Fresh herbs turn good dishes into great dishes. But what about us city dwellers who don’t have a back garden for growing mint, thyme, basil and rosemary?
The answer is simple: a windowsill herb garden right in your own kitchen. Growing herbs at home is easy, and it doesn’t require much space at all. Here’s how to do it in just five steps…
1. Pick your plants – The selection of herbs you choose for your indoor garden is completely up to you. Think about the flavours you tend to cook with. If you love to eat Italian dishes, go for oregano, basil and thyme. Or, if you’re a fan of cuisine from the subcontinent, you’ll get a lot of use out of mint, coriander and tarragon. Each herb has its own set of ideal growing conditions, but almost all of them can grow healthily indoors.
2. Buy pots, soil and seeds – That’s everything you need to set up your indoor herb garden. Go for a light soil that accounts for proper drainage. Note: the best soil for indoor herbs is often called “potting mix” and not referred to as “soil” at all. As for the seeds, most herbs are easy to grow from seeds, but to get a head start, you can also buy young plants and transfer them to your pots.
3. Choose your sunniest window – One of the biggest hurdles of an indoor herb garden is making sure you get enough light on the plants to keep them growing strong. However, if you place the plants on the sill of a window that gets regular sunshine, they’ll grow absolutely fine. If the windowsill isn’t wide enough, take a look at these clever hanging herb caddies.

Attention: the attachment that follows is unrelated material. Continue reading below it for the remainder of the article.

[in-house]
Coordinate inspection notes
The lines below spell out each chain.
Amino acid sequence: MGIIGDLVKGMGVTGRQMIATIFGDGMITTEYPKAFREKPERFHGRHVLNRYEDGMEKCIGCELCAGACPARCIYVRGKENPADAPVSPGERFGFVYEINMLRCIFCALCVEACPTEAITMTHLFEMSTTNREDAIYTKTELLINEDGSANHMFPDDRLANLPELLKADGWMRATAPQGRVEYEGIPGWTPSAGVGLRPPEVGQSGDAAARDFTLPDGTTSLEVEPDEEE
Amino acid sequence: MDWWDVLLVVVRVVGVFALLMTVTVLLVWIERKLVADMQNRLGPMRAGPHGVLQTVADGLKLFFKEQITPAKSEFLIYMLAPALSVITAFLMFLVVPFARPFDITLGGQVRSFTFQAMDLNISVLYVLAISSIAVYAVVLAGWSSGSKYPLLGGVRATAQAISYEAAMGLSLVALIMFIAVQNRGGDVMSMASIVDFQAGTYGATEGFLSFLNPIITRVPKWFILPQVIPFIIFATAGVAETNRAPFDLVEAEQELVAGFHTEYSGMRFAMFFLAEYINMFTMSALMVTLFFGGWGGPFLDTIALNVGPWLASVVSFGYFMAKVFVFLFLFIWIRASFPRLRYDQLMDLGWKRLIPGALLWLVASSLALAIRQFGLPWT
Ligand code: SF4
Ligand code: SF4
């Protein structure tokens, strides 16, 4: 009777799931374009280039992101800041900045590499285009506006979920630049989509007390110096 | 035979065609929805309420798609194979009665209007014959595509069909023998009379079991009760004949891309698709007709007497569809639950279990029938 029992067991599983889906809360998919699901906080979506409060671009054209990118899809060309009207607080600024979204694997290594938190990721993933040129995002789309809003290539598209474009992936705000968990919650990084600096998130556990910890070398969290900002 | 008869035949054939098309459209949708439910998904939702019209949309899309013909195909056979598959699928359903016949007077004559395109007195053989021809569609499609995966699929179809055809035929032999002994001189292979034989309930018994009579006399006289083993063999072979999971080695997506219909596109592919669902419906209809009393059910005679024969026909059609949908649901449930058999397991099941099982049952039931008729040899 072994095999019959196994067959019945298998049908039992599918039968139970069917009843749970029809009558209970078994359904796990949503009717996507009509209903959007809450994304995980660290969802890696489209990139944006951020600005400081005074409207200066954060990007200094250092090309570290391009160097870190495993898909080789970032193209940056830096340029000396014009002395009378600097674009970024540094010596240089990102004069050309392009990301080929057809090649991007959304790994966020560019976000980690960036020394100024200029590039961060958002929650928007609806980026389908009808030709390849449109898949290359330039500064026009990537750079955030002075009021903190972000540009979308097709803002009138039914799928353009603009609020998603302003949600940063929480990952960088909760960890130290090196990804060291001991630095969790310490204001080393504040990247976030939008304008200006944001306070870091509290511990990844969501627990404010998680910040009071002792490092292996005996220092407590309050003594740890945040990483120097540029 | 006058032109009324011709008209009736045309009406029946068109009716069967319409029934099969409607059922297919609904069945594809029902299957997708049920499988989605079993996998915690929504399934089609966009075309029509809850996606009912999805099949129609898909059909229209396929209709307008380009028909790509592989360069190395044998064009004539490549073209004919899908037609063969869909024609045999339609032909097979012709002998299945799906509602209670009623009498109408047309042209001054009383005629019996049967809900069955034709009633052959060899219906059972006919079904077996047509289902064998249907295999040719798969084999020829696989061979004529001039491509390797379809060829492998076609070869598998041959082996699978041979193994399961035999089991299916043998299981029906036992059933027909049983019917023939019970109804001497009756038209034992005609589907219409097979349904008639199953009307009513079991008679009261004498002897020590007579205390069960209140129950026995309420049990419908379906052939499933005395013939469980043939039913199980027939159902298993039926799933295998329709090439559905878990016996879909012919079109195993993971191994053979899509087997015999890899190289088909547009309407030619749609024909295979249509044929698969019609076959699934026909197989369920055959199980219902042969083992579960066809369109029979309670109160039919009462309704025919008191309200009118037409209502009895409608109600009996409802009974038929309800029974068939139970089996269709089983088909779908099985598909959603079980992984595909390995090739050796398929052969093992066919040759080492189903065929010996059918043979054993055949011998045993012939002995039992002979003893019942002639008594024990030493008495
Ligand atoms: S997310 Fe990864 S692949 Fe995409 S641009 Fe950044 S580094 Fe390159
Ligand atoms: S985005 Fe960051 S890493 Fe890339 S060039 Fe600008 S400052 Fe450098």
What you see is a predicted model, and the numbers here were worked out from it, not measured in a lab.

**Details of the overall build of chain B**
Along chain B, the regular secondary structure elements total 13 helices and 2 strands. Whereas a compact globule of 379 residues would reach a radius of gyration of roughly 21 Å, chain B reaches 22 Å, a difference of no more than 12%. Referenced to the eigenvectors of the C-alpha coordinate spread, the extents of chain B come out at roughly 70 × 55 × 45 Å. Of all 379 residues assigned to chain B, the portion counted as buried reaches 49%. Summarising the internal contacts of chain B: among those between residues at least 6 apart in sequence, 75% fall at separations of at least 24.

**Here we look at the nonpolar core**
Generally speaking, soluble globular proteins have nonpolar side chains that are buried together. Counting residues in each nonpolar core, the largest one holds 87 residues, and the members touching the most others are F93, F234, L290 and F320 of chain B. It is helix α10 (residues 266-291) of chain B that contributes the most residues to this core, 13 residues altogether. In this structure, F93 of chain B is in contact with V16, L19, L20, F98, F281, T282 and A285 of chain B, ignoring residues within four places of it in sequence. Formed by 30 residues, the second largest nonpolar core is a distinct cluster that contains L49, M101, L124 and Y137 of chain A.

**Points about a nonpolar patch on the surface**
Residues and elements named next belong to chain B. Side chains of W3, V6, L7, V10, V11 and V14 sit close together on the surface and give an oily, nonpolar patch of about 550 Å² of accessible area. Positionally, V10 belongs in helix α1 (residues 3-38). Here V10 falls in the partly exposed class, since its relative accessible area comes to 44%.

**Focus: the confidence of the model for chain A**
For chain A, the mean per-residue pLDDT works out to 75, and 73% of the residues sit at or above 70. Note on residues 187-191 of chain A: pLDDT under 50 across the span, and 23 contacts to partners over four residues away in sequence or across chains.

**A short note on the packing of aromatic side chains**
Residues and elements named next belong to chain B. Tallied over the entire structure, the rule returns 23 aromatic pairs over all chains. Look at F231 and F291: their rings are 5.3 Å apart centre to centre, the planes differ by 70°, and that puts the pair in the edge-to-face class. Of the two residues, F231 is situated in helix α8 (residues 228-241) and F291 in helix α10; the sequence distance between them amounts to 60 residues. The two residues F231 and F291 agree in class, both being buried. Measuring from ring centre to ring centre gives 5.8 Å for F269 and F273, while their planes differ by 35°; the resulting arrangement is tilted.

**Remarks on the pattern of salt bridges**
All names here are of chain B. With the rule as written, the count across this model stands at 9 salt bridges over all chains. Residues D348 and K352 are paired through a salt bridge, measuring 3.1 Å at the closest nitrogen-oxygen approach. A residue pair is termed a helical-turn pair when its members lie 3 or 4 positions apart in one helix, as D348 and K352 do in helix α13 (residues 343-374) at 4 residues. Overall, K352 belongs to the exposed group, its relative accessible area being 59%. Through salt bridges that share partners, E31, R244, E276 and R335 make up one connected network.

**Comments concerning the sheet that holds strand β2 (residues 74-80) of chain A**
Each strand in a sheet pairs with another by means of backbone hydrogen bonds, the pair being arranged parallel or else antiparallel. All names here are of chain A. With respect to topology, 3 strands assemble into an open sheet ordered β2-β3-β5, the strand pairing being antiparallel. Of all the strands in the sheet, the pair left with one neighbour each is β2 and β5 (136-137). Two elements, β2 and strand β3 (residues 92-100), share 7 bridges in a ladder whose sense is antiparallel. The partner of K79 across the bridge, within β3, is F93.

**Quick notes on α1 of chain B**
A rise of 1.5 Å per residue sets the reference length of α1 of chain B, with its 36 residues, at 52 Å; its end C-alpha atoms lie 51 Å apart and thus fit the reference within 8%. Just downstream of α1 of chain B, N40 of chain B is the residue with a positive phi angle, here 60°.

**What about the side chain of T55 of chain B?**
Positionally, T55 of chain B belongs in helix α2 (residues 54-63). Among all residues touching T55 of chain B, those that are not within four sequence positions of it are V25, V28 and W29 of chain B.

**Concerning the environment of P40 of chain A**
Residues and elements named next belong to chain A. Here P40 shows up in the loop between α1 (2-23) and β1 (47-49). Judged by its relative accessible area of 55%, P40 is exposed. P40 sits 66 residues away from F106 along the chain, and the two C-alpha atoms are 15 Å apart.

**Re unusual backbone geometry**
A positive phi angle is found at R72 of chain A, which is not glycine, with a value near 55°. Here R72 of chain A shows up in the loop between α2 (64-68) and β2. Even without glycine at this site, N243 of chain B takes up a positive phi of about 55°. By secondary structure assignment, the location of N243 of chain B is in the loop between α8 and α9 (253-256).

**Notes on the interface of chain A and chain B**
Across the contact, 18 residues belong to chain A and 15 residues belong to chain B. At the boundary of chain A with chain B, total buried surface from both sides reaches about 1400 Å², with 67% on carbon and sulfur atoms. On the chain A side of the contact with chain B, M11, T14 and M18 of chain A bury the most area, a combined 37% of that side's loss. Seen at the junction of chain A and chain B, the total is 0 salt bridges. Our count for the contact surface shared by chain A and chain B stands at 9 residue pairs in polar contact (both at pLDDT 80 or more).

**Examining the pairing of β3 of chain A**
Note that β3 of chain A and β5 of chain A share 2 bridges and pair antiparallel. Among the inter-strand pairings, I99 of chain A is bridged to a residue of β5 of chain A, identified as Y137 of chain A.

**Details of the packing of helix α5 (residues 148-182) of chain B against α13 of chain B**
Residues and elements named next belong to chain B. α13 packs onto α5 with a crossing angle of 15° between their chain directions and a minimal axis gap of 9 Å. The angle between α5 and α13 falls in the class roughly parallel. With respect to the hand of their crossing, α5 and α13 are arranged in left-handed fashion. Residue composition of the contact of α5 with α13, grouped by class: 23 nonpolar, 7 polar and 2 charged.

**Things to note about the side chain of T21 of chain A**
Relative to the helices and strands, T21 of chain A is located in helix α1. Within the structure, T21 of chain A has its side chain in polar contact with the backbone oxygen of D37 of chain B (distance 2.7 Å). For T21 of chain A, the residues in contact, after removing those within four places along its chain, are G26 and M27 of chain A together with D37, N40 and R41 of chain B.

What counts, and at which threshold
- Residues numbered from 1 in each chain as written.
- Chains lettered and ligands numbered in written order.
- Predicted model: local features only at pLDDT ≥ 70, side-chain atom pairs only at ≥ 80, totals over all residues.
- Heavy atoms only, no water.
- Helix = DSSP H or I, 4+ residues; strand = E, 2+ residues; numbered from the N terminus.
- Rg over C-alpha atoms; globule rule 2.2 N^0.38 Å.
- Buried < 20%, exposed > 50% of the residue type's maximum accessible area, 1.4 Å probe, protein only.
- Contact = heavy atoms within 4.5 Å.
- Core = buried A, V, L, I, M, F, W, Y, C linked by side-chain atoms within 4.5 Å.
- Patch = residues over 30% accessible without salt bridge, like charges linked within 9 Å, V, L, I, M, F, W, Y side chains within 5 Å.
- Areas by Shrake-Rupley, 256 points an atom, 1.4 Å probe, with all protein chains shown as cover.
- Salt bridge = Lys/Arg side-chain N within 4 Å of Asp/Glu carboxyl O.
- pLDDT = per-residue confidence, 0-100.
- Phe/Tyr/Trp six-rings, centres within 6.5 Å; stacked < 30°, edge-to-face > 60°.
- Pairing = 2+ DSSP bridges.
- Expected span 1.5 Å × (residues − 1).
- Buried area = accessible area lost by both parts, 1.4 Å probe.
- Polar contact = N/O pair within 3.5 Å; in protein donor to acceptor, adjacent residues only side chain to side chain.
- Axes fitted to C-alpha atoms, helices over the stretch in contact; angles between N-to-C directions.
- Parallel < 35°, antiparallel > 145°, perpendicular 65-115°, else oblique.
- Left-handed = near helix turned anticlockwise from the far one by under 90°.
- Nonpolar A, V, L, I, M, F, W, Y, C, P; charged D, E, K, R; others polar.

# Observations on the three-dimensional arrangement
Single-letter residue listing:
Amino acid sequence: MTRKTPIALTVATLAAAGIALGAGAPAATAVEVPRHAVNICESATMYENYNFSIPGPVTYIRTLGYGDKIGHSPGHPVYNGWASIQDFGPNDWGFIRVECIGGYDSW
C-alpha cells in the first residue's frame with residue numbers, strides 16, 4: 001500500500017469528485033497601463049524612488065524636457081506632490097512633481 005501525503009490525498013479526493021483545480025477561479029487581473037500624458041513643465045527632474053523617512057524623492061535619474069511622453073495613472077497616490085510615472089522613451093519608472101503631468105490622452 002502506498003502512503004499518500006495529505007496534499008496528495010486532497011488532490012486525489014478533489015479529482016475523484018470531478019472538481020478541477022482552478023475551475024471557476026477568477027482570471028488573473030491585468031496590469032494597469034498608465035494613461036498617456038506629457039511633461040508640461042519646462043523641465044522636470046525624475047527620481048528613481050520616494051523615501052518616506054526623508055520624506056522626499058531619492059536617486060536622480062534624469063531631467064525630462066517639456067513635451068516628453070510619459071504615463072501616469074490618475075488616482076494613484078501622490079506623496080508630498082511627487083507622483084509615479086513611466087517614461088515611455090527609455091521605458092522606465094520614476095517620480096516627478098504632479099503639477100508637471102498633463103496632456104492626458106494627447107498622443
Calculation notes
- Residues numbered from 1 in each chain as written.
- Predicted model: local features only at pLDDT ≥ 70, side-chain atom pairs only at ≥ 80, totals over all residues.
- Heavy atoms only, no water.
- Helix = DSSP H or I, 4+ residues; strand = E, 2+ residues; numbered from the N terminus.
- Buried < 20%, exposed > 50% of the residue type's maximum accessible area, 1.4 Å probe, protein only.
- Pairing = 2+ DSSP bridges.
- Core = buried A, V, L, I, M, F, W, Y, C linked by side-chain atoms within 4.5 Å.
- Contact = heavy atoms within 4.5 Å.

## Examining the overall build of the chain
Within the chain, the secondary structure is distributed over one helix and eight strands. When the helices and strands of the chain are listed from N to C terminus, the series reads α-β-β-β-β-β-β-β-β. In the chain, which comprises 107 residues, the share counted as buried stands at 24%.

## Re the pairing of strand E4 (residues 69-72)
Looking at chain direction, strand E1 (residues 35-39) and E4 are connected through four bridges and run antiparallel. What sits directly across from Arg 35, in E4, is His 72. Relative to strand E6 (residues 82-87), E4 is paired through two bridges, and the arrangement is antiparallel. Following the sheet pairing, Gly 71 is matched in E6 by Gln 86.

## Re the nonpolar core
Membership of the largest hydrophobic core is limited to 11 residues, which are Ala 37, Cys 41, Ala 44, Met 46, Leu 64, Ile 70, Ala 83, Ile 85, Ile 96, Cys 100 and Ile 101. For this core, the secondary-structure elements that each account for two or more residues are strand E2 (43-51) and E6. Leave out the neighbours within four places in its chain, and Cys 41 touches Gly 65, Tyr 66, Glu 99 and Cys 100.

4. Water regularly – Different herbs have different levels of thirst, so do your research and make sure they get the water they need. As a general rule of thumb, watering your herbs thoroughly and less frequently is better than watering them lightly and often. Before you reach for the watering can, test the soil with your finger first. The herbs should only need water if the soil feels dry to the touch. For indoor herb gardens, this tends to be about once a week.
5. Watch out for pests – Keep an eye out for creepy crawlies around your pots. Indoor herb gardens are known for attracting pests like whiteflies, aphids and spider mites. Your instinct may be to toss the plants in the bin at the first bug sighting, but try an insecticidal soap instead. Spraying your herbs with the soap regularly will help put an end to most pest problems and prevent new critters from calling your herb garden home in future.
There you have it! Delicious herbs at an arm’s reach in five easy steps.
What herbs would you like to grow at home?